3.-2020-AWESOME-Generic-7-Sep-4-Oct.jpg
Reviews/Dance/Fringe World Festival

Charging the catwalk with feminism

31 January 2020

Two dance works, (un)written · (un)heard and FEMME, take very different approaches to telling women’s stories, Nina Levy finds.

Loading spinner

Review: 45North and Ellander Productions, (un)written · (un)heard ·
Erin Fowler, FEMME ·
Biology at Girls’ School, 29 January 2020 ·
Review by Nina Levy ·

At a glance, physical theatre works (un)written · (un)heard and FEMME are not an obvious program pairing, but the back-to-back shows are united at Fringe by a catwalk stage and a feminist perspective.

In (un)written · (un)heard, UK-based production company 45North and physical theatre ensemble Ellander Productions take on the true story of Dorothy Lawrence, a 19-year-old British journalist who disguised herself as a man and rode a bicycle to the front line of World War I to write the stories of the soldiers. Instead of being lauded for her bravery, however, she was placed under military arrest and landed up in a psychiatric hospital for most of her life.

Directed by Jessica Rose McVay, (un)written · (un)heard is based on biography but it is not a narrative work. It is composed, instead, of vignettes or fragments that serve to create a sense of person and place and allude to the parts of the story that are missing from the historical record.

Choreographed by performer Iona Kirk, the movement material is often gestural: a driving salute, the furious scratching of words on an invisible page, legs that pump unseen pedals. These repeated motifs, which stand in place of text, are seamlessly woven into choreography that billows and charges along the length of the stage.

It’s beautifully danced with courage and feeling by the cast of three. Cher Nicolette Ho, Iona Kirk and Jordan Ajadi alternate in the lead role, and the transfer of costume and character from one dancer to another is a clever reference to the concept of disguise.

Dinah Mullen’s sound design, too, is a series of fragments, a bittersweet refrain (Arvo Part’s Fratres) interspersed with soundscapes that evoke crowded city streets or the artillery-strewn vista of the front.

It all comes together to create an evocative and compelling whole.

In stark contrast to the subtle poignancy of (un)written · (un)heard, FEMME packs a powerful punch. Choreographed, written and performed by South Australian independent dance artist Erin Fowler, FEMME boldly interrogates ideas about femininity and female sexuality.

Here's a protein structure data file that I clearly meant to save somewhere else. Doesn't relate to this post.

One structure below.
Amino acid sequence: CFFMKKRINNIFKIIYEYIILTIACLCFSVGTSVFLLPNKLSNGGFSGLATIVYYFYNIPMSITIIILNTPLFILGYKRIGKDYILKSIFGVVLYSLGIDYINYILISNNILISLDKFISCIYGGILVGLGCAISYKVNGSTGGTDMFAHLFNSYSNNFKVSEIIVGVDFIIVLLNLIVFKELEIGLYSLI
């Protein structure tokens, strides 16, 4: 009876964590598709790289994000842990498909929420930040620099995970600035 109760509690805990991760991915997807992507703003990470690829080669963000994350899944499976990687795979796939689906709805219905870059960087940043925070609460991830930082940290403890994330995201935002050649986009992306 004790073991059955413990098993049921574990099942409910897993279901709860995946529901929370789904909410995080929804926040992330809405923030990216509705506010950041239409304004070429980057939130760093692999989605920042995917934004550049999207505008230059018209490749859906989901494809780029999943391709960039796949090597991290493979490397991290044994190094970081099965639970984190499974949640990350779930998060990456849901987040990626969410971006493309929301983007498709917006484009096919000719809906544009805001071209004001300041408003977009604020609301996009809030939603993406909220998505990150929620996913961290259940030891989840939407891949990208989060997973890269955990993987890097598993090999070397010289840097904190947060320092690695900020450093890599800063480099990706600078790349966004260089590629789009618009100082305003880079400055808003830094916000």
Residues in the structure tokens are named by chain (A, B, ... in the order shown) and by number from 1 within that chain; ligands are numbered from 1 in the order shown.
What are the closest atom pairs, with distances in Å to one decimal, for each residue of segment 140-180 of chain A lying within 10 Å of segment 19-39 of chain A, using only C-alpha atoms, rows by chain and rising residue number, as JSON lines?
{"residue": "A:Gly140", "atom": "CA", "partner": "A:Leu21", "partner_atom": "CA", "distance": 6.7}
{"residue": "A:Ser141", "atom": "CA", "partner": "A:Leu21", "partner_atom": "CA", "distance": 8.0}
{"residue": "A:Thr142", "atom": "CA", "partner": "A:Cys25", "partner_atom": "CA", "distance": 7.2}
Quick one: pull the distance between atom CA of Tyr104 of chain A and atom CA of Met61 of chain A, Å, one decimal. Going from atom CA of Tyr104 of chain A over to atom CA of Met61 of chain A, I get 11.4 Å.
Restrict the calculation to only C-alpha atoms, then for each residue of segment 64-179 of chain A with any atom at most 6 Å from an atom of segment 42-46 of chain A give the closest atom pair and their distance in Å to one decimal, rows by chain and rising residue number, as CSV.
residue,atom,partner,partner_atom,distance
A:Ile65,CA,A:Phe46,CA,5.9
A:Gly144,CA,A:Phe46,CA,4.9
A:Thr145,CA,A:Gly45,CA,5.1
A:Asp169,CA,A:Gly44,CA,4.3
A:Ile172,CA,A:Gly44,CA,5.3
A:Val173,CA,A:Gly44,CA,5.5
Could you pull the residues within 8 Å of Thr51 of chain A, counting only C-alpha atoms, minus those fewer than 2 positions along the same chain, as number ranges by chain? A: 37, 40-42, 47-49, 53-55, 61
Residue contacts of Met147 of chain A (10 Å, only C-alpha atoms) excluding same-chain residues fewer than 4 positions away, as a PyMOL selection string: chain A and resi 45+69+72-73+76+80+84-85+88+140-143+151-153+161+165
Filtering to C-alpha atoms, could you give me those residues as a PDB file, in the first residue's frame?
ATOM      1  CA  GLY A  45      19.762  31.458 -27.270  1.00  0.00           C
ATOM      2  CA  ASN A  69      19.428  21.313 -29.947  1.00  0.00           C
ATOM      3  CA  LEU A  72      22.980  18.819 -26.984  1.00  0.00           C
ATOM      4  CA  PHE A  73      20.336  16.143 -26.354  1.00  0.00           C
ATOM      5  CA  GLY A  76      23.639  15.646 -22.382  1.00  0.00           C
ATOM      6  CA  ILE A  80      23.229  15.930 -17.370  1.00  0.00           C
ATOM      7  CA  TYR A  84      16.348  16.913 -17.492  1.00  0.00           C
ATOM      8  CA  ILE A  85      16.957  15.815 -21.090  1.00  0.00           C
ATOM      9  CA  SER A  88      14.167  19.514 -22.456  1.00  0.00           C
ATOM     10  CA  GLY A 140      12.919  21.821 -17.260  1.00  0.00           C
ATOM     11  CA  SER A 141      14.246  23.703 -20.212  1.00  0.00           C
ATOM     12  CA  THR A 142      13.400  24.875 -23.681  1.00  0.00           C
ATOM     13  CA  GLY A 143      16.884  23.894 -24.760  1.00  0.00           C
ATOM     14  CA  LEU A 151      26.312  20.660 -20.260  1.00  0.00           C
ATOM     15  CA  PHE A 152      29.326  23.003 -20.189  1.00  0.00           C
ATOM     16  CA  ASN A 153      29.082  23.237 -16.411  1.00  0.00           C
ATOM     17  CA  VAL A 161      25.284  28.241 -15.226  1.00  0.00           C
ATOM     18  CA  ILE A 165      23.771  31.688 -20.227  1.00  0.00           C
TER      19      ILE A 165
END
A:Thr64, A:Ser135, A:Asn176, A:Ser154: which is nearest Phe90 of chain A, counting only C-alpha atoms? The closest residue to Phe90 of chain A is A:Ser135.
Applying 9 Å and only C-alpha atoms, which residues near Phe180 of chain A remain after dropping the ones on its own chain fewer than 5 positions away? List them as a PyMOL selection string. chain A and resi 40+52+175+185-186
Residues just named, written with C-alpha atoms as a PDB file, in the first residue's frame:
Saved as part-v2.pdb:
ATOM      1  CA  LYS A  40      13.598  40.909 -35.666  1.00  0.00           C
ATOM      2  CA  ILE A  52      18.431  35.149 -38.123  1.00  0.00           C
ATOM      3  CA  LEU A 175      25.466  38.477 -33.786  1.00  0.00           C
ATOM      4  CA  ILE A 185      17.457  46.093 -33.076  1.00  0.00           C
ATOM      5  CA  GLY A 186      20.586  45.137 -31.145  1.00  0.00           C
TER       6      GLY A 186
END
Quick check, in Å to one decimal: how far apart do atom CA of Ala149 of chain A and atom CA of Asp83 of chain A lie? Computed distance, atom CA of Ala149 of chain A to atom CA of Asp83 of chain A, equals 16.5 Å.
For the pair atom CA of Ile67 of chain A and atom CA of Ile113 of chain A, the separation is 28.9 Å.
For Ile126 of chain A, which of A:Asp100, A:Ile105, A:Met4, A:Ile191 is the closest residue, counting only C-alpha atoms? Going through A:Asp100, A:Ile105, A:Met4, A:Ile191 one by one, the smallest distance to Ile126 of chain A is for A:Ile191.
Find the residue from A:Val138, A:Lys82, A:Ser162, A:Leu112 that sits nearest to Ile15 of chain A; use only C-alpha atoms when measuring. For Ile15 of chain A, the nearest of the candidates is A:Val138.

Erin Fowler in ‘Femme’. Photo: Chris Herzfeld, Camlight Productions

Initially, that interrogation is not obvious. Fowler is a sexy silhouetted figure, a Cinderella-style party-girl in too-high heels and frock who croons a Disney classic before – incongruously – going into labour, a sultry siren in boots and an LBD, a confetti-strewn bride, a leather-clad dominatrix, an insta-influencer.

So far, so many stereotypes, except that the soundtrack, which is a supercharged disco-driven mash-up, starts to be interspersed with voices – first of children, then of women, and then of men – that pull this seemingly fun work into a dark and chillingly realistic place.

Dark, but never depressing. And that’s credit to Fowler, whose stage presence is compelling, and who leads us to her last hurrah with wit and smarts.

I’ve long hoped to catch this renowned South Australian performer in action. It was worth the wait.

(un)written · (un)heard is on at Girls’ School until 9 February 2020.

FEMME runs at Girls’ School until 7 February 2020.

Pictured top is choreographer/performer Iona Kirk in ‘(un)written · (un)heard’. Photo: Jack Parker Photography

Loading spinner

Author —
Nina Levy

Nina Levy has worked for over a decade as an arts writer and critic. She co-founded Seesaw and has been co-editing the platform since it went live in August 2017. Since July 2016 Nina has also been co-editor of Dance Australia magazine. Nina loves the swings because they take her closer to the sky.

Past Articles

  • Practising poetry and dance in the Pilbara

    How many artists do you know who work in the mining sector? We tend to think of the arts and mining as mutually exclusive but regional West Australian performer and writer Yola Bakker is proving that it is possible to work across both sectors.

    Loading spinner
  • Win a double pass to ‘Measure for Measure’!

    Please note that Luna Leederville has advised that this screening has been cancelled. We will be offering a replacement competition in October – stay tuned for details!

    Loading spinner

Read Next

  • A singer holds a microphone, with a trumpet player, trombonist, pianist and drummer in the background COVID the catalyst for songs of freedom
    Reviews

    COVID the catalyst for songs of freedom

    18 September 2020

    The pandemic has had an enormous impact on jazz and Garry Lee says there was an atmosphere of joy and relief as WAYJO musicians returned to the stage last night.

    Loading spinner
    Reading time • 4 minutesMusic
  • Reading time • 5 minutesMusic
  • Brad Rimmer, Nocturne Eiger Glacier 1, 2017-2020, archival digital print, 75 x 100cm, ed. 3 The image is bleak, monochromatic. A glacier drives between two rocky outcrops. Terrible beauty in exhibition trifecta
    Reviews

    Terrible beauty in exhibition trifecta

    17 September 2020

    Craig McKeough steps into a series of unsettling and chilling worlds in neighbouring exhibitions by Merrick Belyea and Brad Rimmer at Art Collective WA, and Jacobus Capone at Moore Contemporary.

    Loading spinner
    Reading time • 6 minutesVisual Art

Leave a comment

Cleaver Street Studio

Cleaver Street Studio

Cleaver Street Studio